Tagged: e-mail

Response to NARA’s Capstone Email Bulletin

On June 6, 2013, the US National Archives and Records Administration published a call for comments on its draft Bulletin regarding a proposed “Capstone” approach to email retention at federal agencies.  NARA was having technical problems with its comment system when I tried to submit my comments, so based on their instructions I have submitted my comments to them directly by email, and I am also posting them here. 

You can find the request for comment and the draft Bulletin on NARA’s website.

Feedback on NARA’s Capstone Email Records Management Bulletin

As requested, I am providing comments on the “Capstone” approach to email management outlined in the June 6, 2013 draft NARA Bulletin provided above. Thank-you for the opportunity to provide input on this important issue.

I am the founder and principal of an information governance consulting firm based in New York. Since 2001 I have advised many organizations and government agencies on the development and implementation of email retention strategies.

Based on my experience and research, I believe that most organizations currently fall into one of two email records management camps.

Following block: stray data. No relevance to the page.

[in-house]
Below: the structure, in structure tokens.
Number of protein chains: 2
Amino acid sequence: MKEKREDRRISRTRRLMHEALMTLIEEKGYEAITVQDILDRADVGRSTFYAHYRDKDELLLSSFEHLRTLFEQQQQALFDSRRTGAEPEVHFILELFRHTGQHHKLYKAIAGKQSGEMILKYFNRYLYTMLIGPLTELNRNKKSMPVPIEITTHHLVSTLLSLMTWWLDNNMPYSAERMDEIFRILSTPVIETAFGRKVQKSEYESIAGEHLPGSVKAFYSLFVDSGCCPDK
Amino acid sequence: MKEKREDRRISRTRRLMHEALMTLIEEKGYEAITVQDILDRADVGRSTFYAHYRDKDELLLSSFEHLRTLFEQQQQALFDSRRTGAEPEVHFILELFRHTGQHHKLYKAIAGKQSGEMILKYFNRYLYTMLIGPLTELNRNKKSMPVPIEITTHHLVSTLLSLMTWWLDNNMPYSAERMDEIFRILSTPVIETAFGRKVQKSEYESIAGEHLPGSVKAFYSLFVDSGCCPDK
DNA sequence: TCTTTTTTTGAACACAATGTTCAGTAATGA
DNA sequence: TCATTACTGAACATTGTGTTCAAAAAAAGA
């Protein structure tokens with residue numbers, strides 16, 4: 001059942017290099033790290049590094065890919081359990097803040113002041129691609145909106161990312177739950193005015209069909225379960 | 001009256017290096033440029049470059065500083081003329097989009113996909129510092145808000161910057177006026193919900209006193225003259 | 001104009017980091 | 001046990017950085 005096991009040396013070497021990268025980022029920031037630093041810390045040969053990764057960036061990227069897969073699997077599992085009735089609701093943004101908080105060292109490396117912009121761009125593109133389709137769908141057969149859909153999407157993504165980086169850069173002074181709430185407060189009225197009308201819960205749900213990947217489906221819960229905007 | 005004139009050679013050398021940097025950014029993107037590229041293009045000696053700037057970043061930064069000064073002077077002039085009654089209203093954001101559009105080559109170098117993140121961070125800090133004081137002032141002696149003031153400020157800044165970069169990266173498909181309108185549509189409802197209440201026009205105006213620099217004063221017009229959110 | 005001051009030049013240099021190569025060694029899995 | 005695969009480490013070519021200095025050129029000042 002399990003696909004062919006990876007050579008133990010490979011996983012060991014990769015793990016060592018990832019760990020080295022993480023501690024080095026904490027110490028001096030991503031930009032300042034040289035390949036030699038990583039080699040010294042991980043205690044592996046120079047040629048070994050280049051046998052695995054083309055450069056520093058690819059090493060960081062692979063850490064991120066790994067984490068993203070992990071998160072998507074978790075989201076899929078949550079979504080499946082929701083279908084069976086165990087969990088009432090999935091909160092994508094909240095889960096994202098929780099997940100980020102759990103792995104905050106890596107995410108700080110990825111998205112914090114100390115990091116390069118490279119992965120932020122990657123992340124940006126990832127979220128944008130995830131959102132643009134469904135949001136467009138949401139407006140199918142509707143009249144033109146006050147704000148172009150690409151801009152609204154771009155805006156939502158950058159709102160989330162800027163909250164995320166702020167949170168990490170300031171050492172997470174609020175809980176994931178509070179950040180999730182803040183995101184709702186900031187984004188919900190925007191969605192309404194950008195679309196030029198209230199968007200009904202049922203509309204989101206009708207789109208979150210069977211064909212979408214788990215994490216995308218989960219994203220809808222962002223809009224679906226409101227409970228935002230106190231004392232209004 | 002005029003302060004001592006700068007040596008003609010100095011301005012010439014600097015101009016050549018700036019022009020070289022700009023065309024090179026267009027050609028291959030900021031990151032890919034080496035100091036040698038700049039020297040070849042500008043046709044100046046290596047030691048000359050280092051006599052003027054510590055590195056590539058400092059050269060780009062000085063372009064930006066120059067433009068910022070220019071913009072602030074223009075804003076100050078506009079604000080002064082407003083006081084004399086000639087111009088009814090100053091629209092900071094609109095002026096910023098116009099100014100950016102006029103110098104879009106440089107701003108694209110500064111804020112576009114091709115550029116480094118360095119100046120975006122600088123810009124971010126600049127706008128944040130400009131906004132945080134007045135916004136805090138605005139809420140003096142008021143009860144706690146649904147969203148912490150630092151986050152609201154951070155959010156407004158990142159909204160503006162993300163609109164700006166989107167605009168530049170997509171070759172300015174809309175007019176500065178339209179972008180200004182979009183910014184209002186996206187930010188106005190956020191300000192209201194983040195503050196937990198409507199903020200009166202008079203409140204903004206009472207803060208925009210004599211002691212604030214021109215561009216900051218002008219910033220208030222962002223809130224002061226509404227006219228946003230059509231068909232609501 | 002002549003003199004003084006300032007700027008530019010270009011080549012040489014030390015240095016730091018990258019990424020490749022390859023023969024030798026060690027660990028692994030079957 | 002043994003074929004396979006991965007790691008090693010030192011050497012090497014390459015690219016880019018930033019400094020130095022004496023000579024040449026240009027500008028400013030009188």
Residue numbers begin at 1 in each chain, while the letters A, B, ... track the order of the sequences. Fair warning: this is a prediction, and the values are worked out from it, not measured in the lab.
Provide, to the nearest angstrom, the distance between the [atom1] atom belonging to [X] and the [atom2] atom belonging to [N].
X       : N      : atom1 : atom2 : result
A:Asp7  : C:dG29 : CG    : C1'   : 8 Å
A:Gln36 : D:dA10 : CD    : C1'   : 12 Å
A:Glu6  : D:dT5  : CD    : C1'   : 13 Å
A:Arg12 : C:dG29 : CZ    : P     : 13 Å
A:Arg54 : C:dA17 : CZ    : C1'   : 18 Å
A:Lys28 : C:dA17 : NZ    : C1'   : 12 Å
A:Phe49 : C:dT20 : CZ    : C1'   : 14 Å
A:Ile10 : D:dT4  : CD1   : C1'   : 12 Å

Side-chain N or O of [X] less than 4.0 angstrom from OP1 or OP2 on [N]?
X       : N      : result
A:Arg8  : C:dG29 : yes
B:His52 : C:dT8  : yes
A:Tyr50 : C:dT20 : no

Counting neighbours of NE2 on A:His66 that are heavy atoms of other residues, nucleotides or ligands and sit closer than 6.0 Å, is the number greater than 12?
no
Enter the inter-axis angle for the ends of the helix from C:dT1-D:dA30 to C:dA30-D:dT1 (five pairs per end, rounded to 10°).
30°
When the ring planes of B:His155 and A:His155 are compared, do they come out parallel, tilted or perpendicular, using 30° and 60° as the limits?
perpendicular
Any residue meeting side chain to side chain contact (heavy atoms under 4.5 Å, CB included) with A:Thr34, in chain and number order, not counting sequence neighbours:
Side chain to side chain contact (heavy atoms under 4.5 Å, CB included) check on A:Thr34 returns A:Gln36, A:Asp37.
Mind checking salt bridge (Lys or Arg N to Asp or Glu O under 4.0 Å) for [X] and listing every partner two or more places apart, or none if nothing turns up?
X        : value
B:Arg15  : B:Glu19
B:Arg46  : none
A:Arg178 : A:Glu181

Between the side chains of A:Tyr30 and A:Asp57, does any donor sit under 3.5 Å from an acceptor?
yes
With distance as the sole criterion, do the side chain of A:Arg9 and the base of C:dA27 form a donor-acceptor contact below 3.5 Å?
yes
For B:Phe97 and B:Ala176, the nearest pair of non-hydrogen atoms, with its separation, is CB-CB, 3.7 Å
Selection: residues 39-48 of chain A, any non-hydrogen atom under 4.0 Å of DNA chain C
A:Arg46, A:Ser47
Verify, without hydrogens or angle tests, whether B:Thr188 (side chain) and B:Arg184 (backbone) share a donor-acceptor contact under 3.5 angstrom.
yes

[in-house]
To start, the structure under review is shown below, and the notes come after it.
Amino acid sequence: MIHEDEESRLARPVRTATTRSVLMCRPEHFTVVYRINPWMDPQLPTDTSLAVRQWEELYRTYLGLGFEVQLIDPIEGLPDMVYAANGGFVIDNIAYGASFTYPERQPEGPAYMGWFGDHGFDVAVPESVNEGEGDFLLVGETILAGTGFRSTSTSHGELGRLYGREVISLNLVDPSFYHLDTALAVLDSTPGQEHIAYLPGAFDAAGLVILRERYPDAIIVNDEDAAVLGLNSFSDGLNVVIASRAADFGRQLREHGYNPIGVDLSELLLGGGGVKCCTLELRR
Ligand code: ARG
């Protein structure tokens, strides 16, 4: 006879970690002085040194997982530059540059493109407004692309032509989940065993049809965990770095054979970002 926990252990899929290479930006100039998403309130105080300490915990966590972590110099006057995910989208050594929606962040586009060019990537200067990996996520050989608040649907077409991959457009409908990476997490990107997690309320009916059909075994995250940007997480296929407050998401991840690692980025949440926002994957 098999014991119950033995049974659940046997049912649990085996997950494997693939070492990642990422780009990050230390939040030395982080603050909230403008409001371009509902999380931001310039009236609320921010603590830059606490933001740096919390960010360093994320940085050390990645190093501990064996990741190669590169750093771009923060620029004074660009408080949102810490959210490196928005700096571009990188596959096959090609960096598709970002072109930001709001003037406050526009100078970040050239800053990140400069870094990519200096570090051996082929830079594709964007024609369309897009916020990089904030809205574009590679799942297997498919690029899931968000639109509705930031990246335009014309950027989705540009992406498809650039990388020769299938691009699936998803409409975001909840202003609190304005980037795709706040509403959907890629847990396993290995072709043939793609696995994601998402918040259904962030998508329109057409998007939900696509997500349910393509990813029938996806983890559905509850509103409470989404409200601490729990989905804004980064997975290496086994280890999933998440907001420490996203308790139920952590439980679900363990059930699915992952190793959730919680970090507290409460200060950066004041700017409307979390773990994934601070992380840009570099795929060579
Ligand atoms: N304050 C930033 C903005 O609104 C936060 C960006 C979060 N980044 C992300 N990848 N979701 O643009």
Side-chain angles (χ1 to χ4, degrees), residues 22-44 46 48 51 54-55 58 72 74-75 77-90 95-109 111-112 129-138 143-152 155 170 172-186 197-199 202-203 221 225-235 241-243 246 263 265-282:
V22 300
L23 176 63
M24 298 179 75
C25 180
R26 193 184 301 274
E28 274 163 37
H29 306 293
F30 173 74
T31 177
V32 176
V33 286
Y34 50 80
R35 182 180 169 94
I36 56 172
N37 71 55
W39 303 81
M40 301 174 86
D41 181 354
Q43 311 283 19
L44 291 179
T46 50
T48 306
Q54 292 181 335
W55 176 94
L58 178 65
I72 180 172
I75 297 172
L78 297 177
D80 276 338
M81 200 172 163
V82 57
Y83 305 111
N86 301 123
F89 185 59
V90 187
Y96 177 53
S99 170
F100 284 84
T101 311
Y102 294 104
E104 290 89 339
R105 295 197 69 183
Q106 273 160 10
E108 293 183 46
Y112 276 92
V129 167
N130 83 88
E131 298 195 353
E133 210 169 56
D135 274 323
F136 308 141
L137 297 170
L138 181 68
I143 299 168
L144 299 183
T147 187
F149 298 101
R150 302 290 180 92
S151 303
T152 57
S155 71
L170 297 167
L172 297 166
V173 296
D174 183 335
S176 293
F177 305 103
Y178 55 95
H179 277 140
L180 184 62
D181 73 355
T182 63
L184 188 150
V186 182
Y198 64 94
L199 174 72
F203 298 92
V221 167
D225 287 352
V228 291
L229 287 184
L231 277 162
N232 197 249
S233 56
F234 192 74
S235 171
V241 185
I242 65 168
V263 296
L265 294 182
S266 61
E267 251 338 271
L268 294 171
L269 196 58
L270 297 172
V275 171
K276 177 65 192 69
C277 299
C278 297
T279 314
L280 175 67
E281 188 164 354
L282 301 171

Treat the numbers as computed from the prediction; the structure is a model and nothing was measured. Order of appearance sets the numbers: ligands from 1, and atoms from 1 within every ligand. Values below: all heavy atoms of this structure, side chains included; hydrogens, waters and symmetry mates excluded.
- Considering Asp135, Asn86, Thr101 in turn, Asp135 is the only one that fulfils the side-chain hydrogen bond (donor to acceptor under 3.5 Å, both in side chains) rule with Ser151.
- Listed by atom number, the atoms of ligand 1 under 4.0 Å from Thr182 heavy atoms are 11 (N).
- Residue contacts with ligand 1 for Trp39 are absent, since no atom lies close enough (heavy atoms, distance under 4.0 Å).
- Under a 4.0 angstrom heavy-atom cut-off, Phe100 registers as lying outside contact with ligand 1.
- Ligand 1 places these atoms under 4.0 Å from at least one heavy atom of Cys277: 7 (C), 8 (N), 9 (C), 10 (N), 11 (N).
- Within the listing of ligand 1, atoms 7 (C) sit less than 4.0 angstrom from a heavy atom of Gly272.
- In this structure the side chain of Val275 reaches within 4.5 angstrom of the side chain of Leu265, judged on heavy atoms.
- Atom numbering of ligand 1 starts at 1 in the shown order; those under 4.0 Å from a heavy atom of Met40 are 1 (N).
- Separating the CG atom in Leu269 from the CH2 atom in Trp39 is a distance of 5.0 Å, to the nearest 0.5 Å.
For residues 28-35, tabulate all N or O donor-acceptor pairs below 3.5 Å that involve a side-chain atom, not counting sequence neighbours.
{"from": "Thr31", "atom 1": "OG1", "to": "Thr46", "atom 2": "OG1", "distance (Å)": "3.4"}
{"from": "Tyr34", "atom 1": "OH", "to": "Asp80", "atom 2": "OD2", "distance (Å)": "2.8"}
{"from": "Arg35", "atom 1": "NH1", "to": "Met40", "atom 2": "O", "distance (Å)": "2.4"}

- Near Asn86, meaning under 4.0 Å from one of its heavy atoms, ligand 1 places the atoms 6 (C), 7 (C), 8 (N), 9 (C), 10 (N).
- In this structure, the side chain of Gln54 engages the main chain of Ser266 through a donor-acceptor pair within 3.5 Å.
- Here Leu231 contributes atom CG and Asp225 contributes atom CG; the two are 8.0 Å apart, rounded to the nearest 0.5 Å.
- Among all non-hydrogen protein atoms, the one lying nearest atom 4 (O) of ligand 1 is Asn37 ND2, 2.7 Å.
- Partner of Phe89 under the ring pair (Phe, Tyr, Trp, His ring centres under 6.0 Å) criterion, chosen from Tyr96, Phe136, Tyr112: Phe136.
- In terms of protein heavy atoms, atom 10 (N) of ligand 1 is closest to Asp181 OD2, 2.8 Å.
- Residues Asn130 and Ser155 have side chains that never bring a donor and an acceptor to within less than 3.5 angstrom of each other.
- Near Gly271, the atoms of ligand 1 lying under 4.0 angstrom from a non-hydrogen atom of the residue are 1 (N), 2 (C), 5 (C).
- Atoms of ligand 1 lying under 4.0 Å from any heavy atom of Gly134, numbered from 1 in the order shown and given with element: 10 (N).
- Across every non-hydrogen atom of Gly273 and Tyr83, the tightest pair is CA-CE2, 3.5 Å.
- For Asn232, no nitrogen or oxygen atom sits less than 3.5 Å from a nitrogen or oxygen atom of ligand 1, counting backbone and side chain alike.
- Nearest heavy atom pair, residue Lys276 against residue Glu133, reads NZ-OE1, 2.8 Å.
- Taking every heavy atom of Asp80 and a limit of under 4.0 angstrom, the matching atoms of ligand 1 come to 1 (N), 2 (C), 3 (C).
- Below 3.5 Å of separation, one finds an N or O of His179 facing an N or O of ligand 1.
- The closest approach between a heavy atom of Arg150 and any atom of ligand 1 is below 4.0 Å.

The first camp does very little. While they may impose mailbox size limitations, they provide sparse guidance to employees who are forced to delete messages to meet these quotas. Consequently, business records are likely lost – especially if no storage space is allocated for retention of records that simply happen to reside in the email system.  Others allow – or turn a blind eye to – the practice of employees exporting email messages out of the corporate email system so they can be tucked away in shared drives, thumb drives, or taken home for “safekeeping.” This practice results in an effective loss of management control over records found in the email system, and can greatly increase collection costs and increase spoliation risk in e-discovery.

The second camp “manages” email, but treats all email messages equally, regardless of their content. Some – seeking to minimize the cost and potential risk of email – automatically purge all email older than 30, 60, or 90 days. In the absence of a method to capture email messages containing record content, records are surely lost – violating laws that require retention of specified records, regardless of their form. Others – perhaps inspired by SEC Rules 17a-3 and 17a-4 and the email archiving software industry that those Rules singlehandedly created – capture a copy of all messages sent and received and keep them in a separate archive for a fixed period of time. This approach ignores the reality that such an archive will undoubtedly contain both trivial content and critical business records. From a compliance perspective, this may be just fine if you are a broker-dealer subject to these unique, email-specific Rules, but is less fine if you are, like most of the business world, subject to retention rules that do not exempt or treat email in special way, but rather require identification and retention of business records regardless of the form they take.